The yogic concept that complements prana is apana. Apana refers to what is eliminated as well as the action of elimination. Prana and Apana describe the essential activities of life.

In order for a cell to thrive, certain conditions need to exist. The cell needs to be permeable so nutrients and waste can pass in and out of the cell, but it can’t be so permeable that the cell wall loses its integrity.

The yogic term that reflects these opposites are sthira and sukha. All living things need to balance containment and permiability, rigidity and fluidity, persistence and adaptability, space and boundaries, etc…

 

Let’s look at the things that happen at the start of life on earth.

In utero, oxygen is delivered through the umbilical cord (the mother does the breathing), your lungs are sealed off and non functional or mostly collapsed. The circulatory system is largely reversed, with oxygen rich blood flowing through the veins and oxygen depleted blood flowing through the arteries. (I will go into much finer detail of this in another blog post)

8-weeks-human-fetus-300x222

 

Being born means being severed from the umbilical cord, which has sustained you for nine months. Suddenly, and for the first time, you need to engage in actions that will ensure your continued survival.

The first breath causes blood to surge into the lungs; the right and left sides of the heart to separate into two pumps; and the specialized vessels of fetal circulation to shut down and seal off. Your first breath is the most forceful one as it needs to overcome the initial surface tension of your previously collapsed, fluid-filled lungs.

 

Another first time experience that occurs at birth is the weight of the body in space. Inside the womb, you are in a weightless, fluid filled environment. At birth, your universe expands and you can move freely in space, your limbs and head can move freely in relation to your body and you must be supported in gravity.

 

Right away, you have to start DOING something, you have to find nourishment, which involves a complex action of simultaneously breathing, sucking and swallowing. All the muscles involved in the act of survival create your first postural skill – supporting the weight of your head.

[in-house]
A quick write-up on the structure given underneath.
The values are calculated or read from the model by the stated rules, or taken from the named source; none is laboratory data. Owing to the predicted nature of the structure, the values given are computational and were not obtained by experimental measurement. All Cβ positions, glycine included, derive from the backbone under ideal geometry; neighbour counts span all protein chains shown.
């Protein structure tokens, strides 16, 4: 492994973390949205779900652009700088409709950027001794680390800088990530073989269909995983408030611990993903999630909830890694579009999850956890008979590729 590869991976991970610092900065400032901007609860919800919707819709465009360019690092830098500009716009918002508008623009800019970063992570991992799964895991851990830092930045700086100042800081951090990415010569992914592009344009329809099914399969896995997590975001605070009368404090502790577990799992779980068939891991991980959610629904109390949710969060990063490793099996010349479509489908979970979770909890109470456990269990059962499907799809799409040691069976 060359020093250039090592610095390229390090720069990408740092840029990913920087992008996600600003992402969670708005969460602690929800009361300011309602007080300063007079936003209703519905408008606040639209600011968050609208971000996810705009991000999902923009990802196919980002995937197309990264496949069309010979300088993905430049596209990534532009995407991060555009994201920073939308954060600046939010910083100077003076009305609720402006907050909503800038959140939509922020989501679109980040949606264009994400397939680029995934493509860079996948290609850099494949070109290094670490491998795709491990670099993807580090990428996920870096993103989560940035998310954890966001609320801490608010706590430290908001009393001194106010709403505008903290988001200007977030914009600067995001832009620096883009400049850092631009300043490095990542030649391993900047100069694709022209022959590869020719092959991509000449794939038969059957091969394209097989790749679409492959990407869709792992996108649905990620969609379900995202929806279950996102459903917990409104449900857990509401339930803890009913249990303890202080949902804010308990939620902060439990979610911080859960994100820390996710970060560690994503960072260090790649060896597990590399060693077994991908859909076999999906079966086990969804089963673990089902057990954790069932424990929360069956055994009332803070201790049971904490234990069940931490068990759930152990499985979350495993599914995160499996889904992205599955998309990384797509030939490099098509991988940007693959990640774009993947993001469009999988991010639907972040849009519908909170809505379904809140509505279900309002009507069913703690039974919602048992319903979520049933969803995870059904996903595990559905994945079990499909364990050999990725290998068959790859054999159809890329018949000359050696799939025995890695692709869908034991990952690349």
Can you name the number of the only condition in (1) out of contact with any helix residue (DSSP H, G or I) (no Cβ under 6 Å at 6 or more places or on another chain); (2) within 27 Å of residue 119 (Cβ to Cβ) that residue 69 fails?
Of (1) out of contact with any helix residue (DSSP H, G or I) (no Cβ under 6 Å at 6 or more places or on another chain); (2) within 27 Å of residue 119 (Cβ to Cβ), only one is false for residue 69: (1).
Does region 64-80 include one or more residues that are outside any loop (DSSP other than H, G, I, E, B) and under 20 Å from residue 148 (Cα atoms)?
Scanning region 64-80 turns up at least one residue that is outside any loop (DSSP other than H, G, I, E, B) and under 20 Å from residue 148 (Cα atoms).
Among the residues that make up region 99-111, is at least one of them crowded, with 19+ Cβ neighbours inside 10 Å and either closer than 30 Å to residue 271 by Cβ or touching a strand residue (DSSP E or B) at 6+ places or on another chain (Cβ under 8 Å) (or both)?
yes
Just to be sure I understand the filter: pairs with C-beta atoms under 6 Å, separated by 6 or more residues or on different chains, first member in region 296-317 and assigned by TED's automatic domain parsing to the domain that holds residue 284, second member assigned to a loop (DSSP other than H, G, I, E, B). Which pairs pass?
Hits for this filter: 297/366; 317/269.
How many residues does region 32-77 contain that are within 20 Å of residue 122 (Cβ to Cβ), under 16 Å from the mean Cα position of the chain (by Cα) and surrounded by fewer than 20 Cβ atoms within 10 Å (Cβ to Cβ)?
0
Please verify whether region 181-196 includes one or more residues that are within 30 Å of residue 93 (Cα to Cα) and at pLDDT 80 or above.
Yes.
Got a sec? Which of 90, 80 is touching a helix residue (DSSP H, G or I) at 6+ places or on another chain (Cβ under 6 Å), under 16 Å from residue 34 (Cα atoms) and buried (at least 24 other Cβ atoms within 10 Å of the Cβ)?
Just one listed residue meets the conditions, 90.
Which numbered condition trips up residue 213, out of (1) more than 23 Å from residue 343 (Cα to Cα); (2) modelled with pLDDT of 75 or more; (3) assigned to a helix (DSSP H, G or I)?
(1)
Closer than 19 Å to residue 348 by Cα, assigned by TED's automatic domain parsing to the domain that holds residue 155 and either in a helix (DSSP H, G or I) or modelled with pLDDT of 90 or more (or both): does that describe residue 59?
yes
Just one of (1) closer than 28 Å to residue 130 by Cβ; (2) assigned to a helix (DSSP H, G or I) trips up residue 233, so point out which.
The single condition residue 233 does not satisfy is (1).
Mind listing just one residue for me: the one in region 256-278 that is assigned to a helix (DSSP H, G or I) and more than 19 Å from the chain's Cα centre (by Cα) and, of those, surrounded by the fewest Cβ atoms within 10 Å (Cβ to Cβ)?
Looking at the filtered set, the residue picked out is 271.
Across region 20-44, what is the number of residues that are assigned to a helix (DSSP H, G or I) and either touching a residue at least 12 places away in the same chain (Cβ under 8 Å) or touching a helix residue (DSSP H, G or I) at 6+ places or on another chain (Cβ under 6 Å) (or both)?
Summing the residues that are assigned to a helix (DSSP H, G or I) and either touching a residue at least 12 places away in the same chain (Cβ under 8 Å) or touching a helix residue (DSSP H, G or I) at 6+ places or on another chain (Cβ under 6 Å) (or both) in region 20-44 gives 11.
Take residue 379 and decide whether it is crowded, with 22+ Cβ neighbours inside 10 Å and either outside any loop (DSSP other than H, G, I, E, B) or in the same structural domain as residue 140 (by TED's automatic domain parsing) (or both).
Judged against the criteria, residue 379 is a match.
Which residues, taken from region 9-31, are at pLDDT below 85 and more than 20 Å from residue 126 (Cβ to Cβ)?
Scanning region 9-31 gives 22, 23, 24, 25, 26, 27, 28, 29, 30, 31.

Postural development continues from the head downward, until you begin walking, with the completion of your lumbar spine at about 10yrs old.

 

To summarize: At birth you are confronted by two forces that were not present in utero: breath and gravity. The practice of yoga can be seen as a way to consciously explore the relationship of breath and posture.

 

In the language of yoga: Life on this planet requires an integrated relationship between breath )prana/apana) and posture (sthira/sukha). When things go wrong with one, they go wrong with the other.

 

Content from Yoga Anatomy by Leslie Kaminoff

 

Bandhas.

The Word Bandha means to hold, tighten or bind. These locks have an effect on the flow of prana where various muscles are contracted and controlled in the physical body that retain the circulation of prana in the subtle body.

*Practicing bandhas should be done with the supervision of an experienced teacher.  bandha all The Neck Lock (Jalandhara Bandha)

Jala means a net, a web, a lattice or a mesh. This lock releases energy blocked within the upper chest. It creates space in the upper spine and aids in releasing tension which builds up as a result of mental activity.